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Iran's 'First-ever' Attack on Israel and Israel's Most Extensive Syria Strike in Decades: What We Know and What Happens Next

What did Israel hit? Did the Iranian rockets fired at Israel hit their targets? And how does this play into Trump's decision to withdraw from the nuclear deal?

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This photo, provided by the government-controlled Syrian Central Military Media, shows missiles rising into the sky as Israeli missiles hit air defense position in Damascus, May 10, 2018.
This photo, provided by the government-controlled Syrian Central Military Media, shows missiles rising into the sky as Israeli missiles hit air defense position in Damascus, May 10, 2018.Credit: Uncredited/AP

After months of tensions, Israel and Iran directly locked horns in Syria overnight Wednesday. Here's what we know so far:

What happened?

Iranian forces fired 20 rockets at Israel Defense Forces positions in the Golan Heights on Wednesday night. Four of the rockets aimed toward Israel were intercepted by the Iron Dome air defense system while the remaining rockets exploded on Syrian territory, the military said.

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Who fired them?

The Israeli military accused the Revolutionary Guards' Al Quds force and its commander, Maj. Gen. Qassem Soleimani, of launching the attack at the Israeli Golan Heights. The attacks was most likely in retaliation for previous attacks on attributed to Israel on Iranian bases and positions in Syria.

What about Israel?

Before the Iranian attack, the Syrian Observatory for Human Rights reported that Israel attacked targets of the Syrian military on the outskirts of Quneitra in the Golan Heights.

After the attack, Israel hit dozens of Iranian targets in Syria: Israel said its targets included weapons storage, logistics sites and intelligence centers used by elite Iranian forces in Syria. Twenty-three militants were killed in the attack, according to the Syrian observatory.

Israel said none of its warplanes were hit.

What's the fallout for Syria?

Israel said it attacked five Syrian antiaircraft batteries and reportedly destroyed all of them after coming under heavy fire.

According to Haaretz's senior military analyst, the attack dealt a severe blow to embattled Syrian leader Bashar Assad’s antiaircraft forces. The Israel Air Force said five of the batteries attacked belonged to the Syrian army and were Russian-built models: SA-22, SA-2, SA-5 and SA-17.

What are Assad's allies saying?

Lebanon's Al Mayadeen, a TV network viewed as pro-Assad, Hezbollah and their allies, reported that 28 Israeli F-15s and F-16s took part in a retaliatory strike, firing more than 60 missiles.

Meanwhile, Russia's Defense Ministry said Syria shot down more than half of Israeli missiles fired in the strike.

What did Iran target?

The Israeli army said that the rockets were fired from Syria at IDF outposts on the Golan border.

The Golan Regional Council released a statement saying that several towns in the Golan were targeted by rocket fire and that residents of those towns were told to stay in shelters until notified otherwise. Israel said there were no casualties in the attack and on Thursday, though shelters remained opened in some parts of the north, residents were allowed to return to their homes.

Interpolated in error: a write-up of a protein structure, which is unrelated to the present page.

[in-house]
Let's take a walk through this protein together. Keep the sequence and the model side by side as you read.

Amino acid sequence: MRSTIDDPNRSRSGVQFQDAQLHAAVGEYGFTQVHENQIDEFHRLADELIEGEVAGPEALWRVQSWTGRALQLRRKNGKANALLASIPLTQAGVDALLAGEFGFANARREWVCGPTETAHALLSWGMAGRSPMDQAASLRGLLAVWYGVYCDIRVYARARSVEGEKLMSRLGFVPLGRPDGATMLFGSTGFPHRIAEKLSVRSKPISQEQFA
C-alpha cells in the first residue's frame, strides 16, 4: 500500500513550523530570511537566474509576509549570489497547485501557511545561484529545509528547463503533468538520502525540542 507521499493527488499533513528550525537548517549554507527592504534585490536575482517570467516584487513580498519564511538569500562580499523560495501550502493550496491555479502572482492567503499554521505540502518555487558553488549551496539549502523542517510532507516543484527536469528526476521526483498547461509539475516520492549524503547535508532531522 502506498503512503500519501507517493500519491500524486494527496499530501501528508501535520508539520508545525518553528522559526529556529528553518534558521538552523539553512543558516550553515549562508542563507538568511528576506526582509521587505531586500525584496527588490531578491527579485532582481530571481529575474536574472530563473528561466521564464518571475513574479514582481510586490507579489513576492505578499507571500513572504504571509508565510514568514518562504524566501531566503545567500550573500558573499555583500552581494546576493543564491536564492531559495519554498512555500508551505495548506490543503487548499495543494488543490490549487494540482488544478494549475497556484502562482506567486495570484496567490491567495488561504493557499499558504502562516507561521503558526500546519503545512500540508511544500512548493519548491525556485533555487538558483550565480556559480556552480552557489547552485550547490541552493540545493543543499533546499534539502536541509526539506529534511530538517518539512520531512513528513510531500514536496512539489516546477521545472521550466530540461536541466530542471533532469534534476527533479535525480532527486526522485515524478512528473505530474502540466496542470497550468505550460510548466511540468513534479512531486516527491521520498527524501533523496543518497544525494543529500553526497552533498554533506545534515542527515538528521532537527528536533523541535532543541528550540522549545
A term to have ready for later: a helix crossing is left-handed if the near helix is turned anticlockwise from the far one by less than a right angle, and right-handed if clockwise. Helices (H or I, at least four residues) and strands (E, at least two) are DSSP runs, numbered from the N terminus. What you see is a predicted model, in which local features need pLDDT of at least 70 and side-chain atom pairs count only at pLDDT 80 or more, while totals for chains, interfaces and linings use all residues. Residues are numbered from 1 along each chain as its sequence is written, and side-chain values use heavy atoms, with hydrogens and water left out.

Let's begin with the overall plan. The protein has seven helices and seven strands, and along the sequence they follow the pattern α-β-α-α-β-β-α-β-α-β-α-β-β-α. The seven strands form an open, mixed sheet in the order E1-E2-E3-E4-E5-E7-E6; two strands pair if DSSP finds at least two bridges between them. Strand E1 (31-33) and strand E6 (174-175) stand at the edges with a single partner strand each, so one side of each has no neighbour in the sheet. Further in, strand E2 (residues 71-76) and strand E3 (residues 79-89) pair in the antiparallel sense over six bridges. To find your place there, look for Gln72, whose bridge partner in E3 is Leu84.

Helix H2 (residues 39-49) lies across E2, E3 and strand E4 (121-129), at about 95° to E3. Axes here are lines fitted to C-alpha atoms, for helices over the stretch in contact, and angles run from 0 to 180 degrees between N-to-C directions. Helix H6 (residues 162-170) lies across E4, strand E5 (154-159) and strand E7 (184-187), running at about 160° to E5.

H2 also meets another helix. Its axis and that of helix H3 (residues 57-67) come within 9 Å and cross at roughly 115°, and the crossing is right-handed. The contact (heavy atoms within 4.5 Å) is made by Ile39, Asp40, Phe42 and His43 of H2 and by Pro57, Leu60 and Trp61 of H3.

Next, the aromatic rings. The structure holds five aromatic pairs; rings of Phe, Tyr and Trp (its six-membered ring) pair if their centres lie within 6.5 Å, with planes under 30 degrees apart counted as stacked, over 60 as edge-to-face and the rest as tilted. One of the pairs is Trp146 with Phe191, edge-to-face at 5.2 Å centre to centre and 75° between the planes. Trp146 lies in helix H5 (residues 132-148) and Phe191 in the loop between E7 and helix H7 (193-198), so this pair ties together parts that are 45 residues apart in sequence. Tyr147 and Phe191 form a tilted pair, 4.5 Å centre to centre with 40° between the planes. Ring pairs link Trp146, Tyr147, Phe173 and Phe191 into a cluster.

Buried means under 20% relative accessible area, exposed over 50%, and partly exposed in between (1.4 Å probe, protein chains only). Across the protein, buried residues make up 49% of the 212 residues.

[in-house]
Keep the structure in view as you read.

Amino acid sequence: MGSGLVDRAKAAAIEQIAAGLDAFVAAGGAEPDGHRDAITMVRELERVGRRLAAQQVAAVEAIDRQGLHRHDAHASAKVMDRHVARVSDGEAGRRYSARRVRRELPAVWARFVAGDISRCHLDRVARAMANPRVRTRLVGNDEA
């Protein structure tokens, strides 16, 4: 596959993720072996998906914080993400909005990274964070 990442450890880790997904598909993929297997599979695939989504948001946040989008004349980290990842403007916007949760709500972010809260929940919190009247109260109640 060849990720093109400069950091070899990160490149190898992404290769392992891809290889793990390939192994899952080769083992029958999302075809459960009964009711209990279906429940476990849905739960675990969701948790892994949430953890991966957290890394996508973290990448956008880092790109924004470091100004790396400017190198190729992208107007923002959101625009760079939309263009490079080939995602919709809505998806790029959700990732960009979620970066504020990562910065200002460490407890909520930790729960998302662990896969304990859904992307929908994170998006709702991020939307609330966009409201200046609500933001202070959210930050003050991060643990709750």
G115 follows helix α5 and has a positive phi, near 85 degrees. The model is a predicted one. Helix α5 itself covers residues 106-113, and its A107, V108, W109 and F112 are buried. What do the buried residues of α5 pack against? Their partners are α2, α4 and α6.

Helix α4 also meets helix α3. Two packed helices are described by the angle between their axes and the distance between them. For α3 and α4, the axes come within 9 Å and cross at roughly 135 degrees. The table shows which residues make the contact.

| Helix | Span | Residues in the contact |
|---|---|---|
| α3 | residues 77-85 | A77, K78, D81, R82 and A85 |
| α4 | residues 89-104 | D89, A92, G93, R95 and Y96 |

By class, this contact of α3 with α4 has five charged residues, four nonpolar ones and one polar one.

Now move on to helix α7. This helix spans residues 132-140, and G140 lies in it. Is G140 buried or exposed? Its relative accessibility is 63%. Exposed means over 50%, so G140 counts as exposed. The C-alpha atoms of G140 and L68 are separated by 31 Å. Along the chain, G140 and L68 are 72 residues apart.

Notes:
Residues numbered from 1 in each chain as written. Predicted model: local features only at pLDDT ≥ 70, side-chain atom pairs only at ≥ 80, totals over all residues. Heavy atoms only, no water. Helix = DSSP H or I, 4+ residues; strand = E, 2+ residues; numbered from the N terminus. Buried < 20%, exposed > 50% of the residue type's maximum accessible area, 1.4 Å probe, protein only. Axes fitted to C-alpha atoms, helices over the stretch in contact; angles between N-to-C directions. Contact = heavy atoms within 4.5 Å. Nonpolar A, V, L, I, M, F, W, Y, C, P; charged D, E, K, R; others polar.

Why now?

As the Assad regime emerges as the victor in the Syrian civil war, Iran is trying to intensify its military presence in Syria and use its territory as a sort of forward position against Israel. Senior Israeli political and security officials are determined to be proactive about foiling this Iranian effort, even at the risk of escalation.

A month ago, on April 9, there was an attack on a Syrian air force base called T4, near the city of Homs, that’s been attributed to Israel. The attack was aimed at thwarting the Iranian effort to establish air space, backed by antiaircraft systems located on the base. The air strikes killed members of the Iranian Revolutionary Guards, and senior leaders in Tehran have repeatedly said that Israel will pay a price for its aggression.

What happens now?

Israeli intelligence believed that Iran wanted to carry out a targeted and limited response, which would make it clear to Israel that there’s a price for repeated attacks in Syria, but would not want to drag the region into war.

Now that such an attack has taken place, another possibility is that Iran will target Israeli assets abroad, such as an embassy or a group of tourists. Generally such attacks involve lengthy planning. In the past, Iranians and Hezbollah were involved in attacks against Israeli targets in Argentina (in the 1990s) and Bulgaria (in 2012). Another option is revenge through a Hezbollah attack, but it seems that the group would prefer to avoid that at this point.

How does the Iran deal play into this?

According to Haaretz's Amos Harel, it is too early to predict the repercussions of Trump’s announcement. The U.S. administration has not clarified how it will implement its withdrawal from the nuclear agreement, or how stringent the renewed sanctions will be and how quickly they will take effect. It is hard to believe Trump's decision will lead to a military escalation between Iran and the United States and Israel.

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